> Being practical, somebody needs to make some working prototypes of the desired boats. There was talk of wooden boats and now possibly plastic ones. There is a pretty large divide between the available engines and boats they can be fairly easily/safely put in. As a start I suggest making the hulls such that a standard readily available indian boat will fit into and operate as the power plant. The Indian engines are cheap, but not very durable, so they would need to be replaced after a period of time. If Indian engines are not to be used, then somebody needs to prototype a copper tube engine that is simple and reliable. As to using wood for the boat, there are now some strengent (aka expensive) rules as to the use of paint on toys. There may be some exceptions for the mom and pop wooden toy makers, but that would need to be addressed.
          >
        • zoomkat
          Just a reality check, plastic and fire do not mix well in a commercial setting. Wood or metal would probably the only materials that an insurer would
          Message 4 of 5 , Jan 24, 2010
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            Just a reality check, plastic and fire do not mix well in a commercial setting. Wood or metal would probably the only materials that an insurer would underwrite. Plastic is ok for DIY pop pop boats, but I don't think it would fly in the US as a commercial product.

            --- In pop-pop-steamboats@yahoogroups.com, "Pete" <georgeyyy@...> wrote:
            >
            >
            >
            > Hi Zoom...
            >
            > You make all valid points. From what I understand the Phlatprinter cuts plastic at present. One that cuts thin wood is in the works. Hulls could be made out of either plastic or wood using the "bread & butter" assembly technique (laminating several thin sheets). The Phlatprinter would require a 2D template for each layer. I'm thinking that a hull could also be designed using 4 pcs; the bottom,two sides and the transom. All of the seems would require sealing.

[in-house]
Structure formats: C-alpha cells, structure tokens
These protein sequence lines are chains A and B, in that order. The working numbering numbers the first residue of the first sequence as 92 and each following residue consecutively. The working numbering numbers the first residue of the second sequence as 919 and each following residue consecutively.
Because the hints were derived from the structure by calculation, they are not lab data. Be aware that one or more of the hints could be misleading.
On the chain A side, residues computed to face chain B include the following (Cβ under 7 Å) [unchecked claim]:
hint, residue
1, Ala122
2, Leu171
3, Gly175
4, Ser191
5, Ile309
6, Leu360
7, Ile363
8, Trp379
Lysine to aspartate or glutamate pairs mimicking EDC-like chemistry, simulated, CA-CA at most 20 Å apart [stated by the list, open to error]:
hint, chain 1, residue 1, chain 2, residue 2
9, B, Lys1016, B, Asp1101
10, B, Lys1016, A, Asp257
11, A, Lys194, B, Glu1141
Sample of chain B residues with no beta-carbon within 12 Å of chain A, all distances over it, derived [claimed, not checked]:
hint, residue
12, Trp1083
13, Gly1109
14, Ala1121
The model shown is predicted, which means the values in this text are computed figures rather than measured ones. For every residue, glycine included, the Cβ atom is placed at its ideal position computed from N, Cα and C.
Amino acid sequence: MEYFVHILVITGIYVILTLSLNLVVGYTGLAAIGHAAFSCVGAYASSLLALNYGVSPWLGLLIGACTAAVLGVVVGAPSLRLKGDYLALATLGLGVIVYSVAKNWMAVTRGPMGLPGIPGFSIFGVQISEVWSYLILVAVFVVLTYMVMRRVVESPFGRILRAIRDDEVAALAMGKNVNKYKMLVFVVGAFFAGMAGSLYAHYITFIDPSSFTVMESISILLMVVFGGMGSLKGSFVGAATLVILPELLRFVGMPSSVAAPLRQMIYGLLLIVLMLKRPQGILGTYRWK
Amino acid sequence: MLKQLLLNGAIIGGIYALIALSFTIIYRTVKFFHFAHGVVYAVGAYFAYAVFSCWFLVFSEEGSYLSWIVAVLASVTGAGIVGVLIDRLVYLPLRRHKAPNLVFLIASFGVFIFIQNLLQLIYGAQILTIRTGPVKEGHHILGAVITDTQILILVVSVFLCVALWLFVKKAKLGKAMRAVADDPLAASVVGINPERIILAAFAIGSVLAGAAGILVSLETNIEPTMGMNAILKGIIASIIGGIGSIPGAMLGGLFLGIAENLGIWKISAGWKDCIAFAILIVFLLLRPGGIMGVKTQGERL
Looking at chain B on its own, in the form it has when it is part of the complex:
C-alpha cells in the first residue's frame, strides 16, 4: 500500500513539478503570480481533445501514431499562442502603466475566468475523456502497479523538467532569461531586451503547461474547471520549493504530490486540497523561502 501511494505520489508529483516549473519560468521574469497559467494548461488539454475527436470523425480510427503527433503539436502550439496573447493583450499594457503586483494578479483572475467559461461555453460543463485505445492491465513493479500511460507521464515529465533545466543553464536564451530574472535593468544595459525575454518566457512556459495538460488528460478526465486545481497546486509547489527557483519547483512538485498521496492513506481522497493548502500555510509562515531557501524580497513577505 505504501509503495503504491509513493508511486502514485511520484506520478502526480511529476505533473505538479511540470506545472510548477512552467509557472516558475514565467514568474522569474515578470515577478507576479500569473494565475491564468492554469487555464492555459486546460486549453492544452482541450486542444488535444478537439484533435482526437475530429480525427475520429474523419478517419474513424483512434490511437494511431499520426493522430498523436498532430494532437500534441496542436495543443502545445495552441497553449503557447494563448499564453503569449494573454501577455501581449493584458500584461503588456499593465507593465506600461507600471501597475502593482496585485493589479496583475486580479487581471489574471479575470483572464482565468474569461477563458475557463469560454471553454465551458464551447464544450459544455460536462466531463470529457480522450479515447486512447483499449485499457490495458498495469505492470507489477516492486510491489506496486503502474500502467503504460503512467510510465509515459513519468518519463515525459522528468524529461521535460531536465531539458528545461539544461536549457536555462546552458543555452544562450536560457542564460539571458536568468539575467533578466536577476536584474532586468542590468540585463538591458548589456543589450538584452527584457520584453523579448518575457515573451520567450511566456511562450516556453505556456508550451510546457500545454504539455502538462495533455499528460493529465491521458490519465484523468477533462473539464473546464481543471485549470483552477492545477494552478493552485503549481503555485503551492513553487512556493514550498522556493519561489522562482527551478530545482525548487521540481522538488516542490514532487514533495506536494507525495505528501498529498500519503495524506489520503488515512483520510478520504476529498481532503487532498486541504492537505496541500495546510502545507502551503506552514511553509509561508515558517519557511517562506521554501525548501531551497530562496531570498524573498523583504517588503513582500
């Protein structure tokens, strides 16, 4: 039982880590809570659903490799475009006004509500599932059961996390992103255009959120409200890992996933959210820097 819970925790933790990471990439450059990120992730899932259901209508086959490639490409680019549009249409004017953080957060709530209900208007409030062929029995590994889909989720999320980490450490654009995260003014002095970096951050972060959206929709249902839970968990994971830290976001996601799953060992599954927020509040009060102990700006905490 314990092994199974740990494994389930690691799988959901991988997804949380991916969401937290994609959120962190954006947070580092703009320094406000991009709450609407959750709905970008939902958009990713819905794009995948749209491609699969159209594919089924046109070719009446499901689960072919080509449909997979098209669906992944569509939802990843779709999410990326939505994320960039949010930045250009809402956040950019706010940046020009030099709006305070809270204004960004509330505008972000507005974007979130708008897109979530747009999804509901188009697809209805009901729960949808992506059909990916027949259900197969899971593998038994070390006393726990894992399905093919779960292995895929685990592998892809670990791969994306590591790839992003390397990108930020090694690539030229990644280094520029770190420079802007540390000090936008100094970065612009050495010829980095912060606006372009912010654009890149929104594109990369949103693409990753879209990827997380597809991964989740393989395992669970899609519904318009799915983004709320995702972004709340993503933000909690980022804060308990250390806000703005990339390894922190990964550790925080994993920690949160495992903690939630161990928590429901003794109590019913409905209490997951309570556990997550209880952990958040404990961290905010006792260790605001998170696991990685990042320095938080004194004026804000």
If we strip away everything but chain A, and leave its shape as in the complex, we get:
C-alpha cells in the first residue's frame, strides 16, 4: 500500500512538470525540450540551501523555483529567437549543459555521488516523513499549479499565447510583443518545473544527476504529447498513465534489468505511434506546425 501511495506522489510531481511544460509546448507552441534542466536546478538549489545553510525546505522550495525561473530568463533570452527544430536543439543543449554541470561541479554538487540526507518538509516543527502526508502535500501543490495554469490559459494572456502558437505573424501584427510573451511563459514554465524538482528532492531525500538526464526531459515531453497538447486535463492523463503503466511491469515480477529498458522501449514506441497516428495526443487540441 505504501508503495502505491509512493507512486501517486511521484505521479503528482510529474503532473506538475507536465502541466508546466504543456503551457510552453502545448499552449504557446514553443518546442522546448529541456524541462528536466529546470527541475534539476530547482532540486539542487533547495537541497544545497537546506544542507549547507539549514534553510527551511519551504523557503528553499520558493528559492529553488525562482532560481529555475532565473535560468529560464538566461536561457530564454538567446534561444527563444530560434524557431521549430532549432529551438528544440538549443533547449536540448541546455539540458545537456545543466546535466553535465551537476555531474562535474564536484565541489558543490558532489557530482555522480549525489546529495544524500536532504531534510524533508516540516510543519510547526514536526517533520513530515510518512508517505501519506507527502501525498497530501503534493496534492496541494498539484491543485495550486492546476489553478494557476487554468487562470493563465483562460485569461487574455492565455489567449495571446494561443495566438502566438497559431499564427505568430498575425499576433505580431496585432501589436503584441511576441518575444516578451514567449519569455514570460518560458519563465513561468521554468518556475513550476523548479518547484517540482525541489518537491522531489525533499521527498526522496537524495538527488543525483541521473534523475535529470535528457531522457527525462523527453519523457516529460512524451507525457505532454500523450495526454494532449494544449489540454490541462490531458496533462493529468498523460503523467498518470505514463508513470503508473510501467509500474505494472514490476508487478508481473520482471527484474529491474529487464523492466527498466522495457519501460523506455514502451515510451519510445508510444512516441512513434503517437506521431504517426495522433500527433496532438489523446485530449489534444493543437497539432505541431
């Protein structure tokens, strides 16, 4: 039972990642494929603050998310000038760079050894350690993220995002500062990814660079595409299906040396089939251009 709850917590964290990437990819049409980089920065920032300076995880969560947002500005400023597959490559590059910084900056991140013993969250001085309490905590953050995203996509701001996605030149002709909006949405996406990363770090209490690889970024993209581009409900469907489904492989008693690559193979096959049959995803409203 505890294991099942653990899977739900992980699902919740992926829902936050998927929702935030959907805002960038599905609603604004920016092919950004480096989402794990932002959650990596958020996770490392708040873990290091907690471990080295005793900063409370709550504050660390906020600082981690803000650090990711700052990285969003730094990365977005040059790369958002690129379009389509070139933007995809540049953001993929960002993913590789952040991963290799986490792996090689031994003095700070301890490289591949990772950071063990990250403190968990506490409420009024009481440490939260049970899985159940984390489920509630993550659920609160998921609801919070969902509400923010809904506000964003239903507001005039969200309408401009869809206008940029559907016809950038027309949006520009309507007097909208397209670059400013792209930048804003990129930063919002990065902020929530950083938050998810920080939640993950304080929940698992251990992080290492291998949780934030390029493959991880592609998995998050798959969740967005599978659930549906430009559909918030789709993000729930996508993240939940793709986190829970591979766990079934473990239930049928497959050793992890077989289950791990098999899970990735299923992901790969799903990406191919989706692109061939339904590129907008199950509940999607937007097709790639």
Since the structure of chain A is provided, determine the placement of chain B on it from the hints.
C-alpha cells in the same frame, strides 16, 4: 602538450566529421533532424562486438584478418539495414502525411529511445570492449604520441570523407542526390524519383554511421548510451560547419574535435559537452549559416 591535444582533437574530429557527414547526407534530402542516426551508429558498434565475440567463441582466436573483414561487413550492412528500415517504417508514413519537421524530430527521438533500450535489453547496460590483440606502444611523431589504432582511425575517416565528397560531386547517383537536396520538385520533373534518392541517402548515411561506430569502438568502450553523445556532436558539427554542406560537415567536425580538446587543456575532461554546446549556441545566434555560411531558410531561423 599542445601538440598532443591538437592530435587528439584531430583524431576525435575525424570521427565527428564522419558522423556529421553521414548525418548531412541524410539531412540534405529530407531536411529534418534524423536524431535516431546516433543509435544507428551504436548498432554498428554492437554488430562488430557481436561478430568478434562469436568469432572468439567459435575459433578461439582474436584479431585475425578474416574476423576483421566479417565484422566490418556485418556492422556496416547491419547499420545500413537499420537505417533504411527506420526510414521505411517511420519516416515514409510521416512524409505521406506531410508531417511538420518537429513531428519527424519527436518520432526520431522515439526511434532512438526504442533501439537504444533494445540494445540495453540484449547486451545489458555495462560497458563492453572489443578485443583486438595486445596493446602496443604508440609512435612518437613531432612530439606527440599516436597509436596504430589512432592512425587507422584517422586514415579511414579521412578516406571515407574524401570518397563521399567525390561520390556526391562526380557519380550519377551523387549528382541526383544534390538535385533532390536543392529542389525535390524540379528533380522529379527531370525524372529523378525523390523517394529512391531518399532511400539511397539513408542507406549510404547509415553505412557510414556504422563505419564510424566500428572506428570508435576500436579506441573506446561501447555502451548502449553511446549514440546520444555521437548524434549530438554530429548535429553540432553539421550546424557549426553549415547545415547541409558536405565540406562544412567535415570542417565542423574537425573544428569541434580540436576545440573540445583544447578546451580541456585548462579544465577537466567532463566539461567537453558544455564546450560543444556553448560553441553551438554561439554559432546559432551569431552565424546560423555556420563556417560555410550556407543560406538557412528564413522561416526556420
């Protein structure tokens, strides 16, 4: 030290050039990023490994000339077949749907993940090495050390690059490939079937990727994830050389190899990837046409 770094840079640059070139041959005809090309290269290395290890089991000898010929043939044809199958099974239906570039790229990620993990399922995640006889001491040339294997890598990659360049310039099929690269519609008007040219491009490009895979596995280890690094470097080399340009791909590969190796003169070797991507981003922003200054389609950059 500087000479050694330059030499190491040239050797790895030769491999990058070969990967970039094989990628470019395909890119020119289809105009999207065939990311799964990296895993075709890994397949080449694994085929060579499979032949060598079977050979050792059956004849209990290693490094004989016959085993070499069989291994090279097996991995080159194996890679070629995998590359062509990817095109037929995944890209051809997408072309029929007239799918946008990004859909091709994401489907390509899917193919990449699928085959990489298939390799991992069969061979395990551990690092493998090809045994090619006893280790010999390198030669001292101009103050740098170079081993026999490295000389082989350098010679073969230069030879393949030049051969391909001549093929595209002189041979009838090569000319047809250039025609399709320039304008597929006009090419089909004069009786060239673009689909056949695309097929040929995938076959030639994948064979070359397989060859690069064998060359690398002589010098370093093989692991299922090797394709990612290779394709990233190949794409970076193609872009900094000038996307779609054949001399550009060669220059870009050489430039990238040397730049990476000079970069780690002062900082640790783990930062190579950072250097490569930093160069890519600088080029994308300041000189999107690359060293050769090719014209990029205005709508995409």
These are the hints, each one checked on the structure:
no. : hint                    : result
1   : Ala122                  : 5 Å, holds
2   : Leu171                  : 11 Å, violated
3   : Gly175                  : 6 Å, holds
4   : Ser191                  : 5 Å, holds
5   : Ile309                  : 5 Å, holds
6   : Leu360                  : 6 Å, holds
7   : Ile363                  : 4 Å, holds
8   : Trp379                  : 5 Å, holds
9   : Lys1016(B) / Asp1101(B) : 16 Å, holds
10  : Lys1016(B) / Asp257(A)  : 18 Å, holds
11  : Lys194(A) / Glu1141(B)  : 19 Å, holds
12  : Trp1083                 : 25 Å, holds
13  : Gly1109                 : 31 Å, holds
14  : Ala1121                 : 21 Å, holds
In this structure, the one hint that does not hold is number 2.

• Pete
            Plastic is definitely no the material of choice for a commercial pop-pop kit. I do however think that it is a starting place for a new venture. I have seen
            Message 5 of 5 , Jan 24, 2010
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              Plastic is definitely no the material of choice for a commercial pop-pop kit. I do however think that it is a starting place for a new venture.

              I have seen plastic candle holders at weddings etc. So plastic is acceptable in some venues. I have also seen wind cups placed over candles at memorial services. The basic is a simple Dixie type cup designed for that purpose and others are a clear plastic. The plastics in both cases is probably self extinquishing.

              In any case plastic & the phlat printer would work for prototypes and perhaps beyond. You never know.

              --- In pop-pop-steamboats@yahoogroups.com, "zoomkat" <Zoomkat@...> wrote:
              >
              > Just a reality check, plastic and fire do not mix well in a commercial setting. Wood or metal would probably the only materials that an insurer would underwrite. Plastic is ok for DIY pop pop boats, but I don't think it would fly in the US as a commercial product.
              >
              > --- In pop-pop-steamboats@yahoogroups.com, "Pete" <georgeyyy@> wrote:
              > >
              > >
              > >
              > > Hi Zoom...
              > >
              > > You make all valid points. From what I understand the Phlatprinter cuts plastic at present. One that cuts thin wood is in the works. Hulls could be made out of either plastic or wood using the "bread & butter" assembly technique (laminating several thin sheets). The Phlatprinter would require a 2D template for each layer. I'm thinking that a hull could also be designed using 4 pcs; the bottom,two sides and the transom. All of the seems would require sealing.
              >